Richard Baran tells a Touching Story of a Dysfunctional, Multi-cultural Family and One Man’s Belief in Santa Clause in his Book, “The Jacket.”
(PRWEB) November 17, 2014
Tidge Mackiewicz, new patriarch of his splintered, multi-cultural family, received a trinity of orders from his dying father, Kid Scream. One order stated for Tidge to quit believing in Santa Claus and stop acting like every day was Christmas. Tidge should also abandon his belief that the Luftwaffe shot down Santa Claus on Christmas Eve in 1944 and Santa survived. Tidge?s father tried to hammer home his belief in family to his son, a last dying breath exhaling his command. ?This screwed up family is yours now. Unscrew them.?
Approaching fifty, Tidge still wears a scuffed and stained Army Air Corps flight jacket given to him as a young boy by his late uncle, Brew a Navy aviator and Korean War hero who claimed it belonged to Santa Claus. Uncle Brew also believed that the jacket possessed a special magic. Several years later, his father?s orders remain unfulfilled. Tidge?s multi-cultural family his father dubbed ?The Natives? is still screwed up. Everyday is still Christmas for Tidge and his belief in Santa has never wavered.
Tidge and his second wife, Wilhelmina, who he calls, Willy moved from Chicago to an elegant log home on Lake Namakagon in Wisconsin?s Nothwoods. To honor their second Christmas, Tidge suggests inviting their respective families for a holiday weekend in hopes of bringing peace to The Natives. Eighteen adults and children embrace the invitation. Tidge and Willy have planned for every contingency except a record blizzard and a surprise guest.
Tidge plans to play Santa Claus wearing an antique Santa Claus suit given to him by his Uncle Brew. As he removes the costume from a dilapidated box, he discovers four yellow, dog eared letters to Santa Claus, two faded dramatic snap shots from World War II and a poignant quotation from Immanuel Kant. It is the contents of the box along with The Jacket and the spirit of Christmas that has Tidge believing he finally has his special gift to carry out his father?s orders. He discovers he needs more.
Richard Baran holds a doctorate and two masters? degrees besides his bachelor?s in business. A Navy veteran, he taught and coached for forty years at the secondary school and collegiate levels. His publishing credits include Where Have All the Go-Go?s Gone?, a novel published by Total Recall Publishers. He has published a coaching text, Coaching Football?s Polypotent Offense, a short story, ?That Ain?t No Walleye? and several dozen articles in professional business, education and coaching journals. He and his grammar school sweetheart, Carol Ann, have twenty grandchildren and they divided their year between Franklin Park, Illinois; Phoenix, Arizona and Minocqua, Wisconsin.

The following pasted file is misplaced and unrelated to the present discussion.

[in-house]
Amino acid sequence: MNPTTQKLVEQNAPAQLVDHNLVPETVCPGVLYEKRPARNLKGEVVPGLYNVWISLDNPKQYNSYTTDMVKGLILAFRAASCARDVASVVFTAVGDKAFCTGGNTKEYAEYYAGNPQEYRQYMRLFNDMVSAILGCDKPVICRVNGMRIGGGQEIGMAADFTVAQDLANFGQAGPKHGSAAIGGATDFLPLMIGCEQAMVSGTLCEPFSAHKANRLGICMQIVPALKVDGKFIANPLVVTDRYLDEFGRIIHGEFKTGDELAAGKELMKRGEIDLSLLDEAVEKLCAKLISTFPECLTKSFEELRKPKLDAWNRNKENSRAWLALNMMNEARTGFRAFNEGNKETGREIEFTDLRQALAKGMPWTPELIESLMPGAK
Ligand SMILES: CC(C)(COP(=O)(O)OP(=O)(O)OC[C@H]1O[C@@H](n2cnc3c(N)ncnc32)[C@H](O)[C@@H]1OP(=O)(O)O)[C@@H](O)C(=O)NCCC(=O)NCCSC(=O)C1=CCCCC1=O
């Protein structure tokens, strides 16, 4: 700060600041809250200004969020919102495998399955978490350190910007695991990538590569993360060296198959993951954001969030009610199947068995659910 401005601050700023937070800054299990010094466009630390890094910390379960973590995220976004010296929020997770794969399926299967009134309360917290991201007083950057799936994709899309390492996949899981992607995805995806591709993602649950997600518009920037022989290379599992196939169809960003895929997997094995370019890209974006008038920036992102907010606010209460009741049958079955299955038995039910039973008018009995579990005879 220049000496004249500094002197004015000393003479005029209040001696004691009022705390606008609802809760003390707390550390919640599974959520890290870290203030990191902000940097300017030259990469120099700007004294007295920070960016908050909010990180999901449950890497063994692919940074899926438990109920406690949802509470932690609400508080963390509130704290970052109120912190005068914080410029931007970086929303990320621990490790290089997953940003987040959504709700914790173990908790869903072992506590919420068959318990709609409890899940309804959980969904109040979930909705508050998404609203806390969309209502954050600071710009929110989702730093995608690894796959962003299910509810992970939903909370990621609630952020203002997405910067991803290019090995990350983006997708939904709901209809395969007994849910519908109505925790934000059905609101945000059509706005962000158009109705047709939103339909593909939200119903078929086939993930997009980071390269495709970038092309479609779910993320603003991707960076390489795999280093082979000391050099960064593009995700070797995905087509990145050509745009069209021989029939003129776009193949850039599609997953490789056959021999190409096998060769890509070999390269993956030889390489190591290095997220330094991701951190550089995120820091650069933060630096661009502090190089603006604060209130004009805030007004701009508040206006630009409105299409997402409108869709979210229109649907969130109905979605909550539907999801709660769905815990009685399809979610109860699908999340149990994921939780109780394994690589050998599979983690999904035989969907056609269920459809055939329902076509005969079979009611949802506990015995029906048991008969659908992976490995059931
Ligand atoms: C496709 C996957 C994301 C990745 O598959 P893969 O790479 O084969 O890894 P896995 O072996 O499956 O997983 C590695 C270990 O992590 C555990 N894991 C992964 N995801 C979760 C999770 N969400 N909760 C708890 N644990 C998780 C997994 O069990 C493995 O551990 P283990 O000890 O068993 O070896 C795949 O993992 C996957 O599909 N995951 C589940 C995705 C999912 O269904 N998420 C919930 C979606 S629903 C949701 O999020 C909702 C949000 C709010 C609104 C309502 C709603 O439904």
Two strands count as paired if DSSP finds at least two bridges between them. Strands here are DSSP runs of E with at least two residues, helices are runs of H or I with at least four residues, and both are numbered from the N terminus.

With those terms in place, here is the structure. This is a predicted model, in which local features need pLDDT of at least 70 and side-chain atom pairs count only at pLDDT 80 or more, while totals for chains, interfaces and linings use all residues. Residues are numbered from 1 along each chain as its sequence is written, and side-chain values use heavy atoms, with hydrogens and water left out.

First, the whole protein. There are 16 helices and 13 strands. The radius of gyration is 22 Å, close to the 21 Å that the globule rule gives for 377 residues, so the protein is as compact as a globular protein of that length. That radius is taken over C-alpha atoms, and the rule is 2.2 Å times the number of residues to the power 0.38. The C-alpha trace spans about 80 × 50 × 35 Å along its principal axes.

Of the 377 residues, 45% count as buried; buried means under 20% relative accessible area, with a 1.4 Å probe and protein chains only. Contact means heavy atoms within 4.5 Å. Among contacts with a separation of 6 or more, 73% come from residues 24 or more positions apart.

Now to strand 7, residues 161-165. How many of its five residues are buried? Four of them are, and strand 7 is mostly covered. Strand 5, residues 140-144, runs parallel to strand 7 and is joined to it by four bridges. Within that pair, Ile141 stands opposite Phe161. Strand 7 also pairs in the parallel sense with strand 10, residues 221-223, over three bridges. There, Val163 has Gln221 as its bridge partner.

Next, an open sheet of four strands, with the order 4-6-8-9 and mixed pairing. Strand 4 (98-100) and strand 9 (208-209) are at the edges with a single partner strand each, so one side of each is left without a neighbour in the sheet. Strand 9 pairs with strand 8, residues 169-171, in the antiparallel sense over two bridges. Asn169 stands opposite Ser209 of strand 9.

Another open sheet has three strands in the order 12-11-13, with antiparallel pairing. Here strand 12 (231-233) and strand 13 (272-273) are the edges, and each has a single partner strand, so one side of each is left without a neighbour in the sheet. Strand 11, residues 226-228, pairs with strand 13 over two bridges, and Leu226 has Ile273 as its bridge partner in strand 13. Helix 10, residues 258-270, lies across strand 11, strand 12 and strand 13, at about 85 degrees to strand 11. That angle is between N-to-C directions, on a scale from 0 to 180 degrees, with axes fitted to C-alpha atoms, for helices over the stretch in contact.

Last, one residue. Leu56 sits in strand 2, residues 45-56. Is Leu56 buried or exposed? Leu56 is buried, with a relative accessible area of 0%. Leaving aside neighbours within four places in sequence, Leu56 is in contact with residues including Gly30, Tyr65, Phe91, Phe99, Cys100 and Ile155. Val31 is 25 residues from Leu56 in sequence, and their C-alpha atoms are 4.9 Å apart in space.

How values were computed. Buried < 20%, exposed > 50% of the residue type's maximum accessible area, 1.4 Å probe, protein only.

“The Jacket” can be found at Amazon.com, http://www.TotalRecallPress.com and many others.
Founded in 1999, TotalRecall Publications, Inc. publishes non-fiction books in a variety of fields, including computer and financial certification exam preparation and library education, with many titles adopted as college texts. These titles are also distributed to libraries, corporations and government agencies via ProQuest, EBSCO Publishing, Books24x7.com.
The company founder, Bruce Moran, is a former NASA IT professional and school computer instructor who started TotalRecall to produce exam prep guides to accompany his pioneering BeachFront Quizzer computerized practice test engine. The Quizzer CD was licensed for inclusion in the computer certification study guides produced by such publishers as Wiley and McGraw-Hill.
TotalRecall is located in Friendswood, Texas, near Houston, and distributes books through Ingram Book Company, American Wholesale Book Co., Amazon.com, Barnes and Noble, Books a Million, Hastings, Powell?s ProQuest, EBSCO Publishing, and other booksellers.
For more information, call Bruce Moran at 281- 992-3131 or visit http://www.TotalRecallPress.com.
It’s been entirely too long since I’ve posted, and for that I apologize. I’ve been terribly busy
responding to nastygrams depositing my checks from Big Pet Food sneering at plebians going to a continuing education conference this past week, and what a week it was.